E-commerce has grown tremendously in recent years, with statista indicating that online business has increased by over 300% over the past decade. This growth has made online businesses a favorable target for fraudsters and cybercriminals.
Research by Experian indicates e-commerce fraud is growing twice as fast as online sales. For example, e-commerce fraud attacks in the US increased by 30% in 2017 compared to 2016.
Below is a list of the most common types of fraud schemes targeting e-commerce businesses and their customers.
Payment fraud is the most common form of e-commerce, making up 71% of all attacks. Most fraudsters use identity theft to execute their attacks, with 5% of the population being victims of identity theft fraud. Even though payment fraud is often associated with stolen credit card details, it can also involve other methods.
Cybercriminals can hack user accounts, email accounts, addresses, names, IP addresses, or take over personal devices. They then use the stolen personal details to present themselves as real customers. Fraudsters can use the details to make fraudulent purchases, create fake customer accounts, or manipulate traffic.
Account takeover fraud
The term ‘account takeover fraud’ refers to a fraudulent transaction that seems legitimate, but the user is not a real customer. Typically, the fraudster uses stolen credit card details to impersonate the account holder. Fraudsters can access customer details by tricking account holders into purchasing goods on a fake website, buying personal data on the dark web, or intercepting transactional messages.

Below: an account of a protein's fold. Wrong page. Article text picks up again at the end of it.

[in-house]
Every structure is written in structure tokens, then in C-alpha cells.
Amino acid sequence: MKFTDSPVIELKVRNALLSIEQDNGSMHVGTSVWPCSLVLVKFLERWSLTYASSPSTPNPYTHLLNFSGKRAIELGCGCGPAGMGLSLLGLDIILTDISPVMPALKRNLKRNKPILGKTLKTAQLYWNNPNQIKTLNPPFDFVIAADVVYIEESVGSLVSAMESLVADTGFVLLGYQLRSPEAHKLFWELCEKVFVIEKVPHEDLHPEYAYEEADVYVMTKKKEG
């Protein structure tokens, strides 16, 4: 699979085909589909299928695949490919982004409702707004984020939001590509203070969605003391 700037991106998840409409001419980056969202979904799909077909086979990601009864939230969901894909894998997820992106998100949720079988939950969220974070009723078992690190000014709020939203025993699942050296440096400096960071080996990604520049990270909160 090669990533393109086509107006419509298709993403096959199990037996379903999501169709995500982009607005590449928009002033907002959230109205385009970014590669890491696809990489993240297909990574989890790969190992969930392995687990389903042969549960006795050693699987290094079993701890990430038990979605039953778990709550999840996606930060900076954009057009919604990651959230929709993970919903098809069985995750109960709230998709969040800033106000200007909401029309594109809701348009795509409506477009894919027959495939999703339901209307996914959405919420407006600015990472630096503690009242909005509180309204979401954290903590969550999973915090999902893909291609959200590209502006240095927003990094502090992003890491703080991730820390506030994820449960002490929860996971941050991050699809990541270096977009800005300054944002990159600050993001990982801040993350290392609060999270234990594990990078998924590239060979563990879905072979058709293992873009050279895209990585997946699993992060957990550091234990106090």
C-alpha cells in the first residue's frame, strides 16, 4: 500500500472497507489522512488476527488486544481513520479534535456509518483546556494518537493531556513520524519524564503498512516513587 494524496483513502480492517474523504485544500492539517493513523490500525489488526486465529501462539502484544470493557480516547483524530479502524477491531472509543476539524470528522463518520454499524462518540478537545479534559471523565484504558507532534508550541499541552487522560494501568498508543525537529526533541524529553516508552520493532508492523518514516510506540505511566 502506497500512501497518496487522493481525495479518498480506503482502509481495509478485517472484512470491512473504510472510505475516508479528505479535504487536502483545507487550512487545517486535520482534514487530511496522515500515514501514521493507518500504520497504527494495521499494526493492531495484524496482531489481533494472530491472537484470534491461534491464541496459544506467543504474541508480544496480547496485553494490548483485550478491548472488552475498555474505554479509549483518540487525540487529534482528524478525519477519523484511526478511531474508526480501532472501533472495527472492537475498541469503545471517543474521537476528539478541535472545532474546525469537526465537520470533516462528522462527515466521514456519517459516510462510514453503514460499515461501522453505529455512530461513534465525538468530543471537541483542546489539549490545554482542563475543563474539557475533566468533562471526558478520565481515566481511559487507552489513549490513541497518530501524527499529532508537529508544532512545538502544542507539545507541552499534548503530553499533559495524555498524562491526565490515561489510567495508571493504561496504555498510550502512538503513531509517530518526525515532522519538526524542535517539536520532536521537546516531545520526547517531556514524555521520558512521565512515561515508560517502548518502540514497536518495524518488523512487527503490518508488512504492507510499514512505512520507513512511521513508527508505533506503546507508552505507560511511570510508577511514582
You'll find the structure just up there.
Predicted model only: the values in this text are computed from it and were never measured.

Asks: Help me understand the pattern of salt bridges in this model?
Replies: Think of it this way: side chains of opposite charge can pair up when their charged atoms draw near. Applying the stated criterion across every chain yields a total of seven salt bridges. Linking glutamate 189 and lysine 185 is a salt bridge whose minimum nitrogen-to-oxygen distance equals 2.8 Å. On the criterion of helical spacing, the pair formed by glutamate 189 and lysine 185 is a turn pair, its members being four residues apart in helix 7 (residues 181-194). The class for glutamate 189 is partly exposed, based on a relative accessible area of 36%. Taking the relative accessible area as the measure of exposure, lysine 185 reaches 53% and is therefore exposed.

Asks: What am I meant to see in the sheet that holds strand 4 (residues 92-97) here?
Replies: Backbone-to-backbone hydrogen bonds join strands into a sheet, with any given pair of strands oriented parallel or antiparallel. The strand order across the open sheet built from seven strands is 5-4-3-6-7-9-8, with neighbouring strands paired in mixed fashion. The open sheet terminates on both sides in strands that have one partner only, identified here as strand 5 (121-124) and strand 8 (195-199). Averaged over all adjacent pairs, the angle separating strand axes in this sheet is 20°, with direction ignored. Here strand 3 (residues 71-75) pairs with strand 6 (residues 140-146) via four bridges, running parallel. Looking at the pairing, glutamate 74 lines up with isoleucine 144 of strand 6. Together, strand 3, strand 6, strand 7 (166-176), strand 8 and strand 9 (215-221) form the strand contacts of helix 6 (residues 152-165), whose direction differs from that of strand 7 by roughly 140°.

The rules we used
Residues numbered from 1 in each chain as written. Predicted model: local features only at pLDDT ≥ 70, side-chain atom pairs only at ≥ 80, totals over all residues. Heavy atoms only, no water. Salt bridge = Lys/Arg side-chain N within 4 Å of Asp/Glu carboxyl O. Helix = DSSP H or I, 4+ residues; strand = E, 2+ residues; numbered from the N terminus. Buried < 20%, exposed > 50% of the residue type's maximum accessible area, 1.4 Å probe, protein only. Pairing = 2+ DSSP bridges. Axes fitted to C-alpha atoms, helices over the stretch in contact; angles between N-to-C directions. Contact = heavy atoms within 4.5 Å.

Takeover fraud is a major concern for e-commerce websites because the transaction is not flagged or blacklisted by their fraud detection system. Account takeover fraud can result in reputation damage for the e-commerce site and loss of trust among existing customers.
Refund fraud, also known as friendly fraud, involves a customer paying for a product or service then claiming it was not delivered or that it was not in good condition or was not the product they ordered. The vendor is forced to refund or re-deliver the product or face the prospect of a chargeback.
Chargebacks happen when customers instruct their bankers to retrieve funds used for online transactions. Friendly fraud can result from a genuine case or a deliberate fraud scheme. Chargebacks are a major concern for most e-commerce businesses because they expose them to fraud by legitimate customers.
Triangulation fraud involves fraudsters forming an interconnected network of fake websites to defraud customers and steal their personal details. The fraudsters target customers with ads or email trying to convince them to make purchases through phishing methods.
Typically, cybercriminals create a fake website or a replica of a popular website and entice customers with cheap merchandise. The only problem is that the goods don't exist and will never be delivered. If the fraud involves impersonation, the legitimate business may suffer reputation damage.
This type of fraud is very damaging because customers who purchase also share their financial details with the criminals. Cybercriminals who get credit card details using this method often use them to make fraudulent purchases. This is why it is called triangulation fraud because it involves a three-fold process of convincing customers to buy, stealing their personal details, and using the details to engage in more fraudulent activities.
Most e-commerce websites have affiliates who increase their visibility and promote their products for a commission. Affiliate fraud involves unscrupulous affiliates manipulating traffic or sign-ups to make the e-commerce business think they are getting a lot of customer attention. Affiliate fraud can entail different tactics, such as refreshing a website several times or sending spam mail and popups to create a false impression of high traffic.
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